“If you can tweet, you can work”

Blogging Against Disablism Day 2012Picture the scene: I am lying in bed on my front, with my head turned to the side. My right arm is flat on the bed, a phone propped up by my hand. The only part of me moving is my thumb, pressing the on screen keyboard. Pain is tearing through my body, what I feel in my arms, my legs and my hands is agonising. I don’t have the strength to lift any part of my body from the bed. And yet, I have one, tiny connection to the world  – I can send messages out through twitter, and I can receive replies, 140 characters at a time. This is my often my only interaction with anyone else at this point. Through twitter, I can talk to friends, take my mind off my pain and discuss something – anything else. When the pain is too much, I’ve got a support group of fellow sick people and we can commiserate about the pain.

Fortunately, I am not this incapacitated all of the time. No, much of the last few weeks I have been so energetic that I have been able lie back on a pile of pillows and type on a full keyboard for as much as a few minutes before the searing pain in my hands sets in. Sometimes, gasp, I can even make it to a different room in the house for a while.

And yet, according to some, my usage of twitter means that I can work. I can’t get out of bed most of the time, but apparently I am a scrounger who is defrauding the benefit system.

In September 2010 Nadine Dorries MP made a request on her blog for people to look out for people tweeting too much and report them to her. She also asked people to report anyone who tweeted a lot while on benefits to the Department of Work and Pensions. She went on to pick on someone who was waiting for surgery for arthritis on both feet for their prolific use of twitter.

It gets worse. There are now rumours that ATOS (The company paid to assess people, who have been known to declare people fit for work just before they die from their illness) will be checking twitter and other social networks for activity that indicates ability to use a computer for any length of time. Because, you know, that makes you fit for work. Now this may just be rumours, but it shows a huge problem with public and government attitude to the sick and disabled.

I want to work, I really do. I own a business that my father and I have built up over the last 17 months into something that has the potential to go somewhere. I started my business as a last resort, since both of us are disabled, to try and provide part time work for myself that could be done when I have the strength to do it, not strictly between 9am and 5pm. I have been trying to build up more web hosting and design work, and I even tried to carry on working from my bed when this relapse started nearly three months ago. Unfortunately I have reached the point where brain fog has killed my concentration, and pain and fatigue won’t let me keep going to long enough to finish any work related tasks.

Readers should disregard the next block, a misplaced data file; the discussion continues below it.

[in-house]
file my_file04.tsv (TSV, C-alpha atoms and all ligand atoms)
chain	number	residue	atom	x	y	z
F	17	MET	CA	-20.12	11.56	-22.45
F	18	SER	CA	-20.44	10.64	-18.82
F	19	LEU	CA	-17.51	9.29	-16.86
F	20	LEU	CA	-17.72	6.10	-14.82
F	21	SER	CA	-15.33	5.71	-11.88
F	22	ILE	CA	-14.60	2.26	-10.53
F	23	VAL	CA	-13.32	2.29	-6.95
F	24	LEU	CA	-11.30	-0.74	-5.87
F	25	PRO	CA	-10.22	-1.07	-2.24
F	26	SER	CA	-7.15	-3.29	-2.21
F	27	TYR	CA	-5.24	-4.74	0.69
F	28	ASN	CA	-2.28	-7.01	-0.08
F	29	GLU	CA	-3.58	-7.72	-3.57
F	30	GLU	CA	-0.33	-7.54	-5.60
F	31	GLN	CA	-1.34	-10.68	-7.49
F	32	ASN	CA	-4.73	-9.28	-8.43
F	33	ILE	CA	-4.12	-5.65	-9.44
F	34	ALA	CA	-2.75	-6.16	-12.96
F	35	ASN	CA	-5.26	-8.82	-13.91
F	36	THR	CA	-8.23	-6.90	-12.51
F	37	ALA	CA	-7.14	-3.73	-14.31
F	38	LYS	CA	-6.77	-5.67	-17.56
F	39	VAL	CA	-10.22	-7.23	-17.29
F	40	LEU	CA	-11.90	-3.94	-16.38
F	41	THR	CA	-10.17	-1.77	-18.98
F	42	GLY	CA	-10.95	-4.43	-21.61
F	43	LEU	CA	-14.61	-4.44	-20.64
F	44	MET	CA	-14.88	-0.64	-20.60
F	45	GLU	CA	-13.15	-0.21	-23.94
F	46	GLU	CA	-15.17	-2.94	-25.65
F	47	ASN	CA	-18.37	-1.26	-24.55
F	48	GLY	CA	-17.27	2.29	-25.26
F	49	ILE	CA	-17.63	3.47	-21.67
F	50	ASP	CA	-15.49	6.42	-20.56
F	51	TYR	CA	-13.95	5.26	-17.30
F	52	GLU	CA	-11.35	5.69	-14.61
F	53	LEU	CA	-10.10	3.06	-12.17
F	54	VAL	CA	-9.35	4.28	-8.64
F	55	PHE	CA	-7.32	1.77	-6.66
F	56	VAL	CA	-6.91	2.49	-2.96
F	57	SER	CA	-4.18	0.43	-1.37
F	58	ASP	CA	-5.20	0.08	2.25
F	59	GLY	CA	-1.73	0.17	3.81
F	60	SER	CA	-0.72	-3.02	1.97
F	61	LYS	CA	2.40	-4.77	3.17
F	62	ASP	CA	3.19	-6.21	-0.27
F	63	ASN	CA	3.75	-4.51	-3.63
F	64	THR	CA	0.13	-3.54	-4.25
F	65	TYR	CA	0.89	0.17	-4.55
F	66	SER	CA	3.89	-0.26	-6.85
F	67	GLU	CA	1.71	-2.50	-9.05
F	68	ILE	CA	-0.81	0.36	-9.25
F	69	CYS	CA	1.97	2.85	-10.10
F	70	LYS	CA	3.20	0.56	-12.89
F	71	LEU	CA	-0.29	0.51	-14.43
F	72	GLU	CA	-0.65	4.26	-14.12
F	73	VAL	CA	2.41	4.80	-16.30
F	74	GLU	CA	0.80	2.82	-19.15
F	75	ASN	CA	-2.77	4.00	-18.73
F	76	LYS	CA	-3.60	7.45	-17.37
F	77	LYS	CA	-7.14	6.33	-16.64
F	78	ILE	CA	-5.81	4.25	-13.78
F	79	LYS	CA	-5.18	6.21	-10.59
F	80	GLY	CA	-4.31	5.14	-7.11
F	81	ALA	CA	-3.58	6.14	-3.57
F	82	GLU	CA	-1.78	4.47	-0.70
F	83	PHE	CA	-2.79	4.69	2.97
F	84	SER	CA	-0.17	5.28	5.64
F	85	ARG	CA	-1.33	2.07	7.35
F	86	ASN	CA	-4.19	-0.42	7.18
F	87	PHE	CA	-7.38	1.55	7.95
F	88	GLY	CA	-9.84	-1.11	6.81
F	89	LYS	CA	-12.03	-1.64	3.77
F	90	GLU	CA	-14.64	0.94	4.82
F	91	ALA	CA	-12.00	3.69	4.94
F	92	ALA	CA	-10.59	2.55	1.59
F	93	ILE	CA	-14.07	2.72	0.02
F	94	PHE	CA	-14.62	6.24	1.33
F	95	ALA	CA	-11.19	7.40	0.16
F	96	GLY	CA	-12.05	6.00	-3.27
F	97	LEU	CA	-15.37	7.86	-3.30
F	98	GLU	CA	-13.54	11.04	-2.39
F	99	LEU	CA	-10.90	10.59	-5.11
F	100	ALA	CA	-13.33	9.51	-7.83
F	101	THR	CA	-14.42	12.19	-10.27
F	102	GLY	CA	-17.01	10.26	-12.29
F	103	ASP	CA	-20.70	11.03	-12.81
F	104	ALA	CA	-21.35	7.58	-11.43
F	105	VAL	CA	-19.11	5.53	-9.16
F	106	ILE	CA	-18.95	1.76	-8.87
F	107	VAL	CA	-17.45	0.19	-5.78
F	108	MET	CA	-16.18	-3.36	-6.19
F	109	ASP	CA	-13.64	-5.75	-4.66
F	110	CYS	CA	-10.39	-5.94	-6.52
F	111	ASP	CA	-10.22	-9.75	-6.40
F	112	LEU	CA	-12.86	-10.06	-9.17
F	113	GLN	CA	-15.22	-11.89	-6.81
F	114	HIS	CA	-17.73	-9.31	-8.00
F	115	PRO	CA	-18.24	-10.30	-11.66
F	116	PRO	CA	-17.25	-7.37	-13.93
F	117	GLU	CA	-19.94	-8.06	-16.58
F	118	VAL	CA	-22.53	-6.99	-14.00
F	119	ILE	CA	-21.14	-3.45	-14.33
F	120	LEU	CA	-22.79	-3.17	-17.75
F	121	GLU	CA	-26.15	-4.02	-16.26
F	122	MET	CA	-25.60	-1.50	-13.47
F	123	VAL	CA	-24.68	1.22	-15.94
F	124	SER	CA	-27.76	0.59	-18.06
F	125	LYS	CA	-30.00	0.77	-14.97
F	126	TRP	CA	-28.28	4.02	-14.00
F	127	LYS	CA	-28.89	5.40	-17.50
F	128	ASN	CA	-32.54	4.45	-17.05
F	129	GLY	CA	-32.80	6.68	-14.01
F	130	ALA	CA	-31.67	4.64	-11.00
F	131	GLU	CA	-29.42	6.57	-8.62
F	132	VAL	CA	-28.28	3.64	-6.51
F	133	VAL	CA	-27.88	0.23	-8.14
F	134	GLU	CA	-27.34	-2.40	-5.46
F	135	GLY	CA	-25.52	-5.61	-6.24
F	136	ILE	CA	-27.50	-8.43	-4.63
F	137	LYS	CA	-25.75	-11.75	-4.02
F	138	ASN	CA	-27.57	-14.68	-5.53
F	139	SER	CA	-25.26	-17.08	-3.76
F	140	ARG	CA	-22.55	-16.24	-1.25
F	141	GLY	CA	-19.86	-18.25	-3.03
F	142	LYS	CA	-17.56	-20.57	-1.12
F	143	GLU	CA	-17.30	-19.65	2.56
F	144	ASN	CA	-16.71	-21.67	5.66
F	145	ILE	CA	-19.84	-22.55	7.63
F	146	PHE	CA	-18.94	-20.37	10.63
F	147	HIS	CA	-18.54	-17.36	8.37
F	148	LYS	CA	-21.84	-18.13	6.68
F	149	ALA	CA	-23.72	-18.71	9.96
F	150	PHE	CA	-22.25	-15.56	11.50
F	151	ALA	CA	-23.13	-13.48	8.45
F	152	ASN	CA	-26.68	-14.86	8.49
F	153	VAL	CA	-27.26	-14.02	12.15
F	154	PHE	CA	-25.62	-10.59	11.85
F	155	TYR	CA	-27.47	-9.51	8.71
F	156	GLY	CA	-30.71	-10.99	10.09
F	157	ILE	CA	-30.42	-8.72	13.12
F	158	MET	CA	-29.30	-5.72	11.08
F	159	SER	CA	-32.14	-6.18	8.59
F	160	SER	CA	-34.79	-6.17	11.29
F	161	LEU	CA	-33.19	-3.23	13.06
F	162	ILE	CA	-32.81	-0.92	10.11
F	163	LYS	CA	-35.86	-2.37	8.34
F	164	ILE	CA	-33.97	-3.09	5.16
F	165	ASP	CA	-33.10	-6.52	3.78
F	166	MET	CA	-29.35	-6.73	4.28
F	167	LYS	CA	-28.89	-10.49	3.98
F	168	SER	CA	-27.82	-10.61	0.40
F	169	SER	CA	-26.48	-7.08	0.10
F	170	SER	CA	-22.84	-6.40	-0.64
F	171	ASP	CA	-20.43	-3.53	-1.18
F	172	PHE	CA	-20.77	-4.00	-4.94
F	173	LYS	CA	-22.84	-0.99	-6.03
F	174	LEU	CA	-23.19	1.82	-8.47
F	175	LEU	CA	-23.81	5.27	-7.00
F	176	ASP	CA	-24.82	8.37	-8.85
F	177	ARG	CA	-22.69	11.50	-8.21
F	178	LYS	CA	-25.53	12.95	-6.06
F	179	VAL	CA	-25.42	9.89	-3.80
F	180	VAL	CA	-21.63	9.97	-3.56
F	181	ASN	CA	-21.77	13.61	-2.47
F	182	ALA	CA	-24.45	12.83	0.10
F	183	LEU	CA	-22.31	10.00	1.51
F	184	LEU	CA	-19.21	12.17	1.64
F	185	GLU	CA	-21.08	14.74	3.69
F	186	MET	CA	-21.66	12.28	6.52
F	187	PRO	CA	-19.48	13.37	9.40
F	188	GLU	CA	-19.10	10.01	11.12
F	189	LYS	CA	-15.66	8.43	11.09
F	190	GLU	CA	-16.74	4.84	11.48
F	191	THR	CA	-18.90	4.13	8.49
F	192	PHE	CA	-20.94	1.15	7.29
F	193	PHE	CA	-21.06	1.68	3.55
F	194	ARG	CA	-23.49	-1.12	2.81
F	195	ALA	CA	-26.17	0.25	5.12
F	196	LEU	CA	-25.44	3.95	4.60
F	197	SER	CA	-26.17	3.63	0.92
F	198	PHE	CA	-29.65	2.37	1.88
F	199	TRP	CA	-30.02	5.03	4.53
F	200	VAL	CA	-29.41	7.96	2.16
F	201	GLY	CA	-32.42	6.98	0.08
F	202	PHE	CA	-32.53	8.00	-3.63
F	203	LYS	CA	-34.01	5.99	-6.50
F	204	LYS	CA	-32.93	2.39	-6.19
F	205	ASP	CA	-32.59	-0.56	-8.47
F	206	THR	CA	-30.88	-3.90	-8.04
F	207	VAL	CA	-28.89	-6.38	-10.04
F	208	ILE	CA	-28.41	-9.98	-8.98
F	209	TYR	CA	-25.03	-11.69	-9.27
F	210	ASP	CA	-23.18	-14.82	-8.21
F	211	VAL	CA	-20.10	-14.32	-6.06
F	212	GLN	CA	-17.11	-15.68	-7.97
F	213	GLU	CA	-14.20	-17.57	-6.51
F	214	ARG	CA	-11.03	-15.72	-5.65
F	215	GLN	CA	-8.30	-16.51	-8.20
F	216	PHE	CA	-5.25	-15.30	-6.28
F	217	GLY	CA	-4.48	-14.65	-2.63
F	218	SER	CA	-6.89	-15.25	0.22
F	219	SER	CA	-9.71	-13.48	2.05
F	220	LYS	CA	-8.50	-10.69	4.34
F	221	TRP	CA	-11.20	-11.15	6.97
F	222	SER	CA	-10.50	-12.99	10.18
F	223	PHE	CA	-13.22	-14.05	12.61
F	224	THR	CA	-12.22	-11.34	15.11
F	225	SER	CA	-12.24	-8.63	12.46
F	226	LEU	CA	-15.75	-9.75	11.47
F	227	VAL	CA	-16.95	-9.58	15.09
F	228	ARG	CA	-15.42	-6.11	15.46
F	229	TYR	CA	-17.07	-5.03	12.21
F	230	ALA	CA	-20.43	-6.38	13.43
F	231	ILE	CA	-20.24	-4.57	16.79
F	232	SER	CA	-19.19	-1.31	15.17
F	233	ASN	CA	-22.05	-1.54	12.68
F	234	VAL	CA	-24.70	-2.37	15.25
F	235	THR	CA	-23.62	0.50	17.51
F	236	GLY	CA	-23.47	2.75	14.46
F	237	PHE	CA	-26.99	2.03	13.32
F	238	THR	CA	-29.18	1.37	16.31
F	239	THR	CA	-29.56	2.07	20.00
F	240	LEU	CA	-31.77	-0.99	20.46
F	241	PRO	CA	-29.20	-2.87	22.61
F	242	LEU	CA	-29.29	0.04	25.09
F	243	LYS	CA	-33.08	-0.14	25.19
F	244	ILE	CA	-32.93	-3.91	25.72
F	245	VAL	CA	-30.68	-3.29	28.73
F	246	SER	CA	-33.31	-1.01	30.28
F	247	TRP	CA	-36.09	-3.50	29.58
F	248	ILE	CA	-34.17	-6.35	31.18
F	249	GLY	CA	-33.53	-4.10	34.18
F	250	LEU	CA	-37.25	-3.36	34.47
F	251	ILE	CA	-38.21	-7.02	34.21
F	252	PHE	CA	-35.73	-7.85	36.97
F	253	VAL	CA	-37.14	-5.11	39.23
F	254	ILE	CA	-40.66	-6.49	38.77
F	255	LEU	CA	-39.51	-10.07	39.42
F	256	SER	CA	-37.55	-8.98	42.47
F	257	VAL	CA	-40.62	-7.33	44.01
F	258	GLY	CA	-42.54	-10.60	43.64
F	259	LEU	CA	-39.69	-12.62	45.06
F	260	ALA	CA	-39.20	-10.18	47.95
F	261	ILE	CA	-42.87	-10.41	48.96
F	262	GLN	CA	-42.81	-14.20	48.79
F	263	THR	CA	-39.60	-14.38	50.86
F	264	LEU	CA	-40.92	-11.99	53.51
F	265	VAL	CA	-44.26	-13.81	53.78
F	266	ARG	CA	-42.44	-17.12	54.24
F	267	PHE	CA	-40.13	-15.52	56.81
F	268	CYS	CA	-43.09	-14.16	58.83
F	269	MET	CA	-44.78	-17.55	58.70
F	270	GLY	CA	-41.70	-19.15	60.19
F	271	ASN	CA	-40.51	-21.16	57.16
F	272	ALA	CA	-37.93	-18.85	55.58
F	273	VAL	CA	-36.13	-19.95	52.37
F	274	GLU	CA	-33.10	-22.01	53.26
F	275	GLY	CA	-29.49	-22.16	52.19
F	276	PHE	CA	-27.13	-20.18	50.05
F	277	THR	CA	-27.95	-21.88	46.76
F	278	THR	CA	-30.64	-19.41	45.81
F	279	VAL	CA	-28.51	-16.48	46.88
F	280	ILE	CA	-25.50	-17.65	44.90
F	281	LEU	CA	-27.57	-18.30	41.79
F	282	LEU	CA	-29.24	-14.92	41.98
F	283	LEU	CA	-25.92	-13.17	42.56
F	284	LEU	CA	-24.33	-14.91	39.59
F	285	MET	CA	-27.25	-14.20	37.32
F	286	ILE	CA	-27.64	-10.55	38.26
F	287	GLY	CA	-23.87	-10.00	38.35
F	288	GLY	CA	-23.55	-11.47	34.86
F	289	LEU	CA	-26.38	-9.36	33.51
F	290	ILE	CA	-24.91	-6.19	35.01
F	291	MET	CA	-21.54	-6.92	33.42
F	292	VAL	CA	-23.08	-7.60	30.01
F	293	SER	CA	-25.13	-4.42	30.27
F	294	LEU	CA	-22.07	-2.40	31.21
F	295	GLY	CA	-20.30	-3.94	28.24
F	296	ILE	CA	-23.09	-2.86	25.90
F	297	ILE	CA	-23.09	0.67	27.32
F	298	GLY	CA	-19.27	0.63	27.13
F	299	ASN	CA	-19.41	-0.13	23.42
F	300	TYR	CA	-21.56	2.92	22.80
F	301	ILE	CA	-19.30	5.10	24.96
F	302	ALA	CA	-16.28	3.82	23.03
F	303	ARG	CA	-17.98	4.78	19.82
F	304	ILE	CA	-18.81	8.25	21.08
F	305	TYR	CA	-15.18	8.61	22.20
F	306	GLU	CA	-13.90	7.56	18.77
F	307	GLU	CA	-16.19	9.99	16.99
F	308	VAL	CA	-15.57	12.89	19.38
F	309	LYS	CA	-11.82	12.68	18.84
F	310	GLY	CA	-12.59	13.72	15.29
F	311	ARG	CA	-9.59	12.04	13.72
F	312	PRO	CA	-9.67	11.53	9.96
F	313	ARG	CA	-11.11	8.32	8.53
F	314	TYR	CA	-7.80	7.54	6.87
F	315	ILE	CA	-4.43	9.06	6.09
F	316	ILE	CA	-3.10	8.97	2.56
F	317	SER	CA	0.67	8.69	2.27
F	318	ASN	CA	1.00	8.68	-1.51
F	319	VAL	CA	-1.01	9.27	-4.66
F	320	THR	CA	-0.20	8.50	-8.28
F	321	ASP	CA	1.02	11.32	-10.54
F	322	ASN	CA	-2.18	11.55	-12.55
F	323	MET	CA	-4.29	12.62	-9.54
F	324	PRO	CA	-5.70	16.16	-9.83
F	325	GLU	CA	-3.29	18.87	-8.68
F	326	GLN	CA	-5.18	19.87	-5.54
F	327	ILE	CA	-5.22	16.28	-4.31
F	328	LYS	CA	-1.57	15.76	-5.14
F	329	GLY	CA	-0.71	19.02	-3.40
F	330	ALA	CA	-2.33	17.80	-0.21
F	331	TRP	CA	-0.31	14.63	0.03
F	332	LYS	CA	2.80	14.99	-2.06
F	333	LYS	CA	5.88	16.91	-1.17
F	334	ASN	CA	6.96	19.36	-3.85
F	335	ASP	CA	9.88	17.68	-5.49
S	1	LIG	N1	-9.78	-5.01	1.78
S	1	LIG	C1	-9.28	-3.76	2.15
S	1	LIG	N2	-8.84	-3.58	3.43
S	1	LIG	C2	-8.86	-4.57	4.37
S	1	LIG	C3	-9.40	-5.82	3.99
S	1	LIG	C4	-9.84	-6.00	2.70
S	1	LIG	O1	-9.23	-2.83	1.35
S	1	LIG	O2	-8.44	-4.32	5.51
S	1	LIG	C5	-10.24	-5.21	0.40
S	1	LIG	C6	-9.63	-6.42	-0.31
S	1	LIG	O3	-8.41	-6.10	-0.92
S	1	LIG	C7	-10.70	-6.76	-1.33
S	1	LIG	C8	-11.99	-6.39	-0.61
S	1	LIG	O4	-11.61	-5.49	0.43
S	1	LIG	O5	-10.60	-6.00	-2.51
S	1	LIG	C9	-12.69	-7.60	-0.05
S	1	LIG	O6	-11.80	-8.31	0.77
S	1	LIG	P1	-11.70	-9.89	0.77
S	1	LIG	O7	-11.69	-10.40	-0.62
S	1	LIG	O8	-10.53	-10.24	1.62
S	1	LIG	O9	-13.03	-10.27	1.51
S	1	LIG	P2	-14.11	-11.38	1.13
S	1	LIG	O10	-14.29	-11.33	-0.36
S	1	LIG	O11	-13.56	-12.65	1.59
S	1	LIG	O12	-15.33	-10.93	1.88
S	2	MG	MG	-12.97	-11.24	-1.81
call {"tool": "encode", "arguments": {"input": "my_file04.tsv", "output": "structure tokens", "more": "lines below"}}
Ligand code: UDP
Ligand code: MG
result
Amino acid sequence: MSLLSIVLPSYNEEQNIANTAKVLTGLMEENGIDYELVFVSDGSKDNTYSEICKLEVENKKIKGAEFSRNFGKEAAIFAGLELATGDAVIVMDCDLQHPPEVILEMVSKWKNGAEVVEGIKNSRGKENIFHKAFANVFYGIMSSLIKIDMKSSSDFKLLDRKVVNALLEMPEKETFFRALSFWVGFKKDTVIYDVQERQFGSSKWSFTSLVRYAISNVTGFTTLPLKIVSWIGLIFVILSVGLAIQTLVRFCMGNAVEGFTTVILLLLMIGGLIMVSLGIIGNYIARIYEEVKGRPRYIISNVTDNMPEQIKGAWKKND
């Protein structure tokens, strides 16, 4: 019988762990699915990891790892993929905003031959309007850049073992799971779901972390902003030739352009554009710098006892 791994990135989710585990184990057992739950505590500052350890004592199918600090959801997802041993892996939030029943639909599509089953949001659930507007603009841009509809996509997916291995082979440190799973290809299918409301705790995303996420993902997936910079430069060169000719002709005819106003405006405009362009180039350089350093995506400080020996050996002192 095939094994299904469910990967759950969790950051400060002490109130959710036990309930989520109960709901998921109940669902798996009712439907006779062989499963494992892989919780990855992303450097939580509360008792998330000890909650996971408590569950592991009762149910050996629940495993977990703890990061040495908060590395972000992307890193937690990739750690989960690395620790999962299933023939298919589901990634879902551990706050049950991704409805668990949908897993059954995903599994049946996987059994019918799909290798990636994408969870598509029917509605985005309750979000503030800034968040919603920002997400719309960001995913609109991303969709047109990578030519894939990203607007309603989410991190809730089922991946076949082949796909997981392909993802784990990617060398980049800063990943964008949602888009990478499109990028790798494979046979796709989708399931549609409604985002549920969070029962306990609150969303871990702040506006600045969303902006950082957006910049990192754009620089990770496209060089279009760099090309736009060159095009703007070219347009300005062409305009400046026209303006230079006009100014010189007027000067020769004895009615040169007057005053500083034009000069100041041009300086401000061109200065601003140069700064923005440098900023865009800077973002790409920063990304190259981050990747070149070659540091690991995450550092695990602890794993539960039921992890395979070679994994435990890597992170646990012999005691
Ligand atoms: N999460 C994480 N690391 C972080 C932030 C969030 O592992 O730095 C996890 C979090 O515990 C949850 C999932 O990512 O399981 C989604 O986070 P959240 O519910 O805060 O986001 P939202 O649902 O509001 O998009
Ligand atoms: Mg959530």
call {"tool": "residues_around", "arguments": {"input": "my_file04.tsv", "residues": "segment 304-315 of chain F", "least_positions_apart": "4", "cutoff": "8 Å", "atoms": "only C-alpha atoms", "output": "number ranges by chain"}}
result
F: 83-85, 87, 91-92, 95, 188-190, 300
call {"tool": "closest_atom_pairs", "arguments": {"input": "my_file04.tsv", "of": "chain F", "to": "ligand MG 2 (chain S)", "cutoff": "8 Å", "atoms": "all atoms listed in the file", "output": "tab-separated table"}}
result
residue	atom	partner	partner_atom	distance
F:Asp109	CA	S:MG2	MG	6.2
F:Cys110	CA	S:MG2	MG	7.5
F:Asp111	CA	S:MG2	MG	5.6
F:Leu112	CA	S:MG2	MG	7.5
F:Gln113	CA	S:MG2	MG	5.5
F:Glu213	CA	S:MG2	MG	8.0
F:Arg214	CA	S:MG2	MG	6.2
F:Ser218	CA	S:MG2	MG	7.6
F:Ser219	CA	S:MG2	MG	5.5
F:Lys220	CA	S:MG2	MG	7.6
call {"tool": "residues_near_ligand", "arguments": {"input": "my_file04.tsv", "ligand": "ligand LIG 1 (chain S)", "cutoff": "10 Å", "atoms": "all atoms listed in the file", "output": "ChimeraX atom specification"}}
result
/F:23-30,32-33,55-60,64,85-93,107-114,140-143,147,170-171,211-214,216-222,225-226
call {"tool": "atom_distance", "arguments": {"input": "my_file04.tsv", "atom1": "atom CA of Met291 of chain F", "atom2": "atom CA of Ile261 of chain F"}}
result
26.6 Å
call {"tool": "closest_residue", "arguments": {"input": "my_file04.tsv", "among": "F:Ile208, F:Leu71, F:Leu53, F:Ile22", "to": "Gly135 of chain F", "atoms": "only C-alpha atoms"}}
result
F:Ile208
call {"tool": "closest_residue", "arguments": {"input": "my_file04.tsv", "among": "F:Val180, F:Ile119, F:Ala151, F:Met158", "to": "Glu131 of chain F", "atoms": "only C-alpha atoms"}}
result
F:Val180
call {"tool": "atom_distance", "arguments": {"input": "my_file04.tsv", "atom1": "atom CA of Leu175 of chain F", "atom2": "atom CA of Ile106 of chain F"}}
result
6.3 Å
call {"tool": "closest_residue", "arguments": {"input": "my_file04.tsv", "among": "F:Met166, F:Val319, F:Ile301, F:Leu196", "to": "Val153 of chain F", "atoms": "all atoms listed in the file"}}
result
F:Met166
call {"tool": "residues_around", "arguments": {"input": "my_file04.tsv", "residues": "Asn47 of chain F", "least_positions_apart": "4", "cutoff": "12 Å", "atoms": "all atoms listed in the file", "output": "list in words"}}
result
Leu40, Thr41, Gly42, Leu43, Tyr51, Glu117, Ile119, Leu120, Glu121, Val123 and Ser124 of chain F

I can write, but I couldn’t tell you when or how much I could write. I can tweet, but that’s because tweets are short, and (mostly) fit in between bouts of brain fog which stops me completing my thoughts. I can set up a website without leaving my bed, but who is going to hire me to do that when it might happen now or it might take me weeks because of my health? I could be brought a customers computer to remove viruses from, but then not have the strength or concentration to do it for days.

The fact is, I can’t work. I am not employable. If I had ANY chance at all of working, I would be desperately trying to save my business into which we have sunk time and money and worked so hard for the last year and a half. I have hurt myself trying to run my business and have had to give up and apply for ESA because I have no other choice. And yet, because I have a variable, invisible disease, I am likely to be deemed “Fit for work” by the Work Capability Assessment. I won’t have the strength to appeal against that and I probably won’t have a Citizens Advice Bureau to help me because they are being cut.

So I am going to carry on tweeting and blogging. I have precious little other contact with the world and I will lose my friends and my support group if I don’t. Someone looking at my online activity and judging me on it cannot see how long each blog post took me, or the pain that I have to endure to even communicate with others online. The portrayal by government and by media of all sick and disabled people as scroungers and cheats is disgusting and yet good people that should know better are taken in by it. Those who think I should just lie here and be miserable while I wait to be denied benefits are the problem, not me.

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I wrote this blog post in February 2011 and I have posted it again today in support of Blogging Against Disablism Day 2012, partly because I’m not up to writing a full blog post right now. I am pleased to say that since then I have started to receive ESA and DLA, although I suspect that is more down to having a very stressful journey to my Work Capability Assessment which ensured that I collapsed in the Atos building than to anything else.